To give credit where it's due, I'm definitely not the first person even recently to think of putting Rotting Regisaur and Embercleave together. Over the last week, the Arena Decklists Twitter has retweeted a couple people with the same idea, and I definitely tried both of their lists before building my own the way I did.
The idea is simple. Rotting Regisaur and Embercleave will be lethal on turn four if:
1. We're attacking with at least two creatures, including Rotting Regisaur
2. They take at least 4 points of damage from other sources over the first couple turns
Thankfully, Embercleave already encourages us to play with a lot of creatures to minimize the cost of Embercleave anyway, so the second part is trivially easy to achieve.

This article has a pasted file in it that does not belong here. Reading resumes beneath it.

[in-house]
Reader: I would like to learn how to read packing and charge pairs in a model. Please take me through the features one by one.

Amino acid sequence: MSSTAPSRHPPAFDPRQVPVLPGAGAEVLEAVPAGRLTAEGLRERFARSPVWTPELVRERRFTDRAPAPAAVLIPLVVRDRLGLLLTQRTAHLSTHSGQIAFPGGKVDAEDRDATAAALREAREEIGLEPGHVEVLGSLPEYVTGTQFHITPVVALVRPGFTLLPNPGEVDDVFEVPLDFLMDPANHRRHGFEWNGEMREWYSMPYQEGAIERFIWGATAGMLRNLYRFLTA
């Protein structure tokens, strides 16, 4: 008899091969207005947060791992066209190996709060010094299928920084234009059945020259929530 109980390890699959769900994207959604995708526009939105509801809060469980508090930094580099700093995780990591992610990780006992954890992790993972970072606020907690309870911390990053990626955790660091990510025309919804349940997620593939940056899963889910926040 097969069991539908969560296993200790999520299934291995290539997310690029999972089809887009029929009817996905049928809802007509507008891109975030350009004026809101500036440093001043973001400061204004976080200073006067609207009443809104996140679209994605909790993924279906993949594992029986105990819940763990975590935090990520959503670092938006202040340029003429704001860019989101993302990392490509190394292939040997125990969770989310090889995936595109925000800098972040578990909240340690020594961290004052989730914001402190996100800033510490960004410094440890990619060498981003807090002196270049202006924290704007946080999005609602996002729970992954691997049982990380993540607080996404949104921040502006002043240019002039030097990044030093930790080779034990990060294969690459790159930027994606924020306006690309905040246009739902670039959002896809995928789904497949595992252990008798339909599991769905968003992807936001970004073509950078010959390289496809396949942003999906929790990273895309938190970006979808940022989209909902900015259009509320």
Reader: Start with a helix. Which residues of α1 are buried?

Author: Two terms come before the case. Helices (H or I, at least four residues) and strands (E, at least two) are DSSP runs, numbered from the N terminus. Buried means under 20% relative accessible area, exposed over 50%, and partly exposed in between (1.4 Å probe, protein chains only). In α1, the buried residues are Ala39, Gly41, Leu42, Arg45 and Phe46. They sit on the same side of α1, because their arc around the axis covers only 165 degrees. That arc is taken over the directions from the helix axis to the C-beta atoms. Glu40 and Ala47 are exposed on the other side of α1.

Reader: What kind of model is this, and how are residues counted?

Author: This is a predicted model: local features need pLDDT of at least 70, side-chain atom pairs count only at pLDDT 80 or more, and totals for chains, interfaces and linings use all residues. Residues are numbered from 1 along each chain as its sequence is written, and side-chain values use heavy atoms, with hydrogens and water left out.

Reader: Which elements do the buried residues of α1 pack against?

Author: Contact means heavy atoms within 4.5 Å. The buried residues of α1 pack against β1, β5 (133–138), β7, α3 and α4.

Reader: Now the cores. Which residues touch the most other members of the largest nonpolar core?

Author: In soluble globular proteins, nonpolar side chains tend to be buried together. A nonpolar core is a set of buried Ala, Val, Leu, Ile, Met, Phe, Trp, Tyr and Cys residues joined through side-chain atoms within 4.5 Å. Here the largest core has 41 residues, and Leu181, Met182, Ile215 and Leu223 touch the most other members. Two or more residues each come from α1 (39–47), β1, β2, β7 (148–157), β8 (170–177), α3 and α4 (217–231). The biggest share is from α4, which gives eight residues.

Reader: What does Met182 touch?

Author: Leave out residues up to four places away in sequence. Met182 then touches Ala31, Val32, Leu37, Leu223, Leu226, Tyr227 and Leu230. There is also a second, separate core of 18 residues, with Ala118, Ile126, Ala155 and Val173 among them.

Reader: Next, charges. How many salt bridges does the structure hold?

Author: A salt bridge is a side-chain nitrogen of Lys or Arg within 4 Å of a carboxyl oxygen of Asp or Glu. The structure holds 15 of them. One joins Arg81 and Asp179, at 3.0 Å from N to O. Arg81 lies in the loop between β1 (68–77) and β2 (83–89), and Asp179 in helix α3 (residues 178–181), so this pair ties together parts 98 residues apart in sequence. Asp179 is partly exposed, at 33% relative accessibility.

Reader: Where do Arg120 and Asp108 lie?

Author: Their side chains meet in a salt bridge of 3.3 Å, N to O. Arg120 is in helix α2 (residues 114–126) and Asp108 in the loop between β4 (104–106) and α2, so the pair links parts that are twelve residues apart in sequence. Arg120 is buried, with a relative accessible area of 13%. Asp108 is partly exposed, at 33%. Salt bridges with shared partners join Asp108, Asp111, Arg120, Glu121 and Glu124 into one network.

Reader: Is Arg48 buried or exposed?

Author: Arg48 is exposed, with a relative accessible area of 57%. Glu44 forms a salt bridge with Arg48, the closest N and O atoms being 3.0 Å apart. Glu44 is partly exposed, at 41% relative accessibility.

Most of the good aggressive cards in red and black right now happen to be Knights. Stormfist Crusader, Knight of the Ebon Legion and Fervent Champion are four-ofs in each of these decks, because they represent some of the best things to do, period, for one and two mana right now. Stormfist Crusader especially has impressed me. Most Standard decks are very good at drawing cards on their own, but very bad about using them fast enough to keep up with this deck's aggression. Dealing 3 points a turn starting on turn three and turning on Drill Bit pre-combat is very valuable in the games where the Regisaur/Embercleave combo doesn't lock up the game instantly. Drill Bit itself has been incredibly valuable. It grants information about how to play around Flash decks, and takes key cards out of Jeskai Fires opponents' hands to keep them from locking up the battlefield with Cavaliers and Sphinxes.